Benvenuto al Bracco Italiano!

By Jessica Freni

When you first see a Bracco Italiano the eye catching, jovial dog elicits a lot of questions. Growing up surrounded by bloodhounds I was obviously intrigued by the breed when I first encountered them at a UKC show. The breed has been UKC recognized in the Gun Dog Group since 2006. Despite a head bearing some resemblance to the bloodhound, this is not a Hound at all and just recently the Bracco was voted from FSS to Sporting Group designation in the AKC starting June 29th, 2022 (The Stud Book will remain open until July 1, 2026).

What is a Bracco Italiano? Known for its large,”flying” ground covering trot and stamina to “work effortlessly all day,” the Bracco Italiano is a hunting dog through and through. A dog happy in the field across various terrains(though some are less enthusiastic about water than others), the Bracco, while not a dog for novices and sometimes aloof with strangers, is often described as a generally happy, easy going dog.

Exhibitor and co-owner r Kelly Schur, spoke about the breed, “they’re generally a close working dog in the field, and their flying trot allows them to work effortlessly all day. Hunting behind a good one is incredible. Although they are considered a versatile hunting breed, they are not known for their love of water.

They tend to be more sensitive than many other versatile gun dog breeds and are not likely to do well with a heavy hand. They tend to want to work most for those they are bonded with. I’ve found them to generally be pretty easy going with both other dogs and most people. That said, I’ve found some to be less outgoing than I like. Some seem to pick their people and be pretty dismissive of everyone else.

The standard is incredibly nuanced and specific. It was really interesting listening to the Italian judge evaluate them at the National few years ago. Anyone with the breed should be prepared for a lot of “what kind of hound is that” questions or to be chastised for what an ugly shorthair you have.

Health testing is somewhat controversial given a relatively small gene pool, especially here in the states, and you’ll find breeders running the spectrum from no testing whatsoever to extensive testing and strict standards for what they feel should be bred from. I personally would fall somewhere in the middle (health testing to know what you have, but not necessarily throwing dogs out of the gene pool for abnormalities). Fatal kidney disease is rampant in the breed, and there currently is no test for it. The OFA test is **NOT** accurate for Bracchi so finding a breeder who is checking kidney values at least annually (if not every 6 months) is important. I’d run screaming from any breeder who is using the OFA test to say their dogs are clear…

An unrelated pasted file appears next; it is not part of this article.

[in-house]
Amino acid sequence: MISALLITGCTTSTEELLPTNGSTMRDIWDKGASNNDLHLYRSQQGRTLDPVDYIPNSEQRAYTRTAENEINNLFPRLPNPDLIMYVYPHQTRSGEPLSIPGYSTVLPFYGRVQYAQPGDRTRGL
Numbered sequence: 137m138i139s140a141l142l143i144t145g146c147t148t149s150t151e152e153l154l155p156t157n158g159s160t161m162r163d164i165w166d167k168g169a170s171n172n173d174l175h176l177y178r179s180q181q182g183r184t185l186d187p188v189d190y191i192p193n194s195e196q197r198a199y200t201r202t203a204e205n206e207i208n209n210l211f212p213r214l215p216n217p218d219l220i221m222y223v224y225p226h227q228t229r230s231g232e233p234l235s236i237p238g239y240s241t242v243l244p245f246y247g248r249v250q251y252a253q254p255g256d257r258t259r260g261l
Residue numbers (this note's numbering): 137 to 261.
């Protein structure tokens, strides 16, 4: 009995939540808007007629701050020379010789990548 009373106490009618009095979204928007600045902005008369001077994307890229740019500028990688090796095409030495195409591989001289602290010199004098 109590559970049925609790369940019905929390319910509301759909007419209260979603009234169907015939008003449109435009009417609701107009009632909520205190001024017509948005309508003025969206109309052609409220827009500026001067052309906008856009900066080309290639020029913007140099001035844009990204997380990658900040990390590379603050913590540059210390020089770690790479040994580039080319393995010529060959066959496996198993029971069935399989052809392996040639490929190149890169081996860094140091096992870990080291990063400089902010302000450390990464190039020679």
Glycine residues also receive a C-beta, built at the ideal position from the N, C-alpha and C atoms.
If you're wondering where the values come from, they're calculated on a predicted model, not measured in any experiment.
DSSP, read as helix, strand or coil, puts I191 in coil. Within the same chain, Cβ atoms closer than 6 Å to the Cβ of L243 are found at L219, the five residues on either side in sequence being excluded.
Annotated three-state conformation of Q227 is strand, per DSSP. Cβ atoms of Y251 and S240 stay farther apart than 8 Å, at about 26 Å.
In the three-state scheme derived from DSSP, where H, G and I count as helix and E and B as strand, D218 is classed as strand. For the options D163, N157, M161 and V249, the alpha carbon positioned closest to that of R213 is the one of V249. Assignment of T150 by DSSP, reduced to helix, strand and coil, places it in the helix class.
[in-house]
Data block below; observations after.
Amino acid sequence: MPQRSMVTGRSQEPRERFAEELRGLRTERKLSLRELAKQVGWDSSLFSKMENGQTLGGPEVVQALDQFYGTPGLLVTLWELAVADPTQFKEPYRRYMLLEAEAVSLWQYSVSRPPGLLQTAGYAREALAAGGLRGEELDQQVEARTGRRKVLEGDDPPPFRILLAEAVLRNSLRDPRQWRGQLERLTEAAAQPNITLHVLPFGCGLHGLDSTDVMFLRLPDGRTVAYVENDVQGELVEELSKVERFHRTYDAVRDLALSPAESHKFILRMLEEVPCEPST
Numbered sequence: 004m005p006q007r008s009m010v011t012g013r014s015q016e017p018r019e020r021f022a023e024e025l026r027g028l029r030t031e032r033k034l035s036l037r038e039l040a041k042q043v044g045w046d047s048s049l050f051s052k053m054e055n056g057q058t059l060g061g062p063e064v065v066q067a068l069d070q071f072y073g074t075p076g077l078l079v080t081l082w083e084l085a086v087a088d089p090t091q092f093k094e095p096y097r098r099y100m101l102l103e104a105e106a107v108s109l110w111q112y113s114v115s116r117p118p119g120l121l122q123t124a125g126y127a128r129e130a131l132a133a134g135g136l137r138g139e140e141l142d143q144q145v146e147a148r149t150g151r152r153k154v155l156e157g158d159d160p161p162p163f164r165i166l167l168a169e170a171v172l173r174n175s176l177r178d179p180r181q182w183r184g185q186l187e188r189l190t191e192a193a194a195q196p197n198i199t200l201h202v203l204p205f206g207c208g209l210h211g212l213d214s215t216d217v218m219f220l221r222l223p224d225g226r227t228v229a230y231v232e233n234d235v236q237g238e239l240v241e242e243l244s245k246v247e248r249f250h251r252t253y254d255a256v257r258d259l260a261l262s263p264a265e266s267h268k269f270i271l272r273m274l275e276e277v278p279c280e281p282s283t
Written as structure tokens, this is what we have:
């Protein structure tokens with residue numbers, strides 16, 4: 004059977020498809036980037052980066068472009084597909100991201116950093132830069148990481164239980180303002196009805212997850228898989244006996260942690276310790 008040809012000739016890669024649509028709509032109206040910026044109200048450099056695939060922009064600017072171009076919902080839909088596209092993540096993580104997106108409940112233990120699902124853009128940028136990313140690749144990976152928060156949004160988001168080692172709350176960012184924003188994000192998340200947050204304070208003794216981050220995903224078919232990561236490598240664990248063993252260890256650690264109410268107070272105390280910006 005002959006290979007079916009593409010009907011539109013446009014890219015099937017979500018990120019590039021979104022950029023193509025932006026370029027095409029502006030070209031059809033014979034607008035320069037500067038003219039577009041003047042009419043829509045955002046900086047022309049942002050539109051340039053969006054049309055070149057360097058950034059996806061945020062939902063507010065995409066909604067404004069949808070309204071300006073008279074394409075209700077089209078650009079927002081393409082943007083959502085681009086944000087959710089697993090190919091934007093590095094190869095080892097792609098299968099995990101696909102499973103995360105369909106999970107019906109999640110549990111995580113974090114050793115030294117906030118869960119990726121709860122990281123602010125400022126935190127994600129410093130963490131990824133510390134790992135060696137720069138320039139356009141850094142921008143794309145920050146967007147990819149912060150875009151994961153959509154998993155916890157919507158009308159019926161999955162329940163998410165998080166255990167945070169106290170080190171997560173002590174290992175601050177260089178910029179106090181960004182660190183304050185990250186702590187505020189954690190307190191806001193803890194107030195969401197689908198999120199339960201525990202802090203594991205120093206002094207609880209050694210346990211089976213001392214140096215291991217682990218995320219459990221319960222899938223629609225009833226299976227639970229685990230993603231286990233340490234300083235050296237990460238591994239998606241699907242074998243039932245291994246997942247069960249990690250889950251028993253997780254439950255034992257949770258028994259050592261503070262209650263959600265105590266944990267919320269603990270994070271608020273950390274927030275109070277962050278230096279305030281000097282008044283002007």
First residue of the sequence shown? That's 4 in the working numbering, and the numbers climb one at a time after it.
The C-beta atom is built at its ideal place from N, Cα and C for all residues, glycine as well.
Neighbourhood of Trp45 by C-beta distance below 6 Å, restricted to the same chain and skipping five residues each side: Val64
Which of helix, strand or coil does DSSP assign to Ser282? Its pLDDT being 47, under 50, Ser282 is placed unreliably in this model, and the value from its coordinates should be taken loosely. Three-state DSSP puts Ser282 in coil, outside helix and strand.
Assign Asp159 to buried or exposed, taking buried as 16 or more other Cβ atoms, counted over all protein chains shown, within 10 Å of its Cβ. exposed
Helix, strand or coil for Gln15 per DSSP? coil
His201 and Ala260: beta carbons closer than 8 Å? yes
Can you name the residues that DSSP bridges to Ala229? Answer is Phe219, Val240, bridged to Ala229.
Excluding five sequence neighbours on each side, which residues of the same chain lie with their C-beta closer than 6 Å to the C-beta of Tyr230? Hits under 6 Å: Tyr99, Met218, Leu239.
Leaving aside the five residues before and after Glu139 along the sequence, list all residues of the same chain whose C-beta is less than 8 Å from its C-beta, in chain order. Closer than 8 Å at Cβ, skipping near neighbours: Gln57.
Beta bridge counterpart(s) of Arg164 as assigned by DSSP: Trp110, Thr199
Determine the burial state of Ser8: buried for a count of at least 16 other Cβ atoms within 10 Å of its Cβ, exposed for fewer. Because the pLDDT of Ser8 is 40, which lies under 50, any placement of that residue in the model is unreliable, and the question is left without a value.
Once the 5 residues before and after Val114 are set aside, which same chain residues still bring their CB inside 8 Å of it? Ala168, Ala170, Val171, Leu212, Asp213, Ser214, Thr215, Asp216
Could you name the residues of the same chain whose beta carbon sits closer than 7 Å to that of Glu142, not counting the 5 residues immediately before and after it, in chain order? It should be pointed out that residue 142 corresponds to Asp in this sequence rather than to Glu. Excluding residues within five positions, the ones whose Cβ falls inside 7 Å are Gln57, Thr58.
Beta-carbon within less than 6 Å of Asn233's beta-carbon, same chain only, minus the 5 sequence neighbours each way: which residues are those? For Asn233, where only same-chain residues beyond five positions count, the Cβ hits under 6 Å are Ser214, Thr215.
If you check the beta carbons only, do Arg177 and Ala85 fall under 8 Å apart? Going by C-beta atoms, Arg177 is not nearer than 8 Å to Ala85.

“I’m absolutely head over heels in love with the breed, but I do fear for their popularity when they become fully accepted into AKC because they’re a big, impressive unique breed. I really truly hope breeders and owners keep the breed dual. I’m very, very, very nervous that people are quickly going to turn them into spectacular show dogs and lose the field which would be a horrible shame for such an ancient and storied breed.”

Fellow Bracco Italiano owner Siobhan Casey McCann spoke candidly about her experience with the breed and echoed some of these sentiments,

“I have two- we got our male in January of 2014 and our female in November of 2014. I chose to import mine from Hungary because I preferred the type I was seeing and the cost was equivalent to what US breeders were charging. They are hilarious, talkative, sweet, and silly. My husband wanted a bloodhound and I said ‘how about a sporting dog that looks like one?’. I had known about the breed for years but saw one at the Eukanuba show in Orlando in 2013 and began researching from there. At one point I was a member of the board and the health committee for one of the breed clubs before they merged. I’m excited that the breed has advanced but also fear their increased popularity.

Now for the not so good. Their small gene pool has led to them being prone to several health issues and overseas breeders are not as stringent with health testing and/or things are lost in translation. Hips/elbows, Kidney amyloidosis, and allergies are fairly common…They are very sensitive but very stubborn, which can be challenging. They are also the messiest dogs I have ever owned- they shed a lot, seem to attract dirt, drool a lot and are prone to ear and skin issues given their loose skin and long ears. I don’t know how to describe their cleanliness or lack thereof- they’re just not clean keepers. Their personalities are wonderful and I especially adore my boy- but these qualities, their size, and my experience with some US breeders/ the split between them will likely prevent me from owning another.”

Look for the Bracco Italiano in a field (hopefully!) and in the show ring and welcome them and their dedicated enthusiasts to the AKC Sporting Group!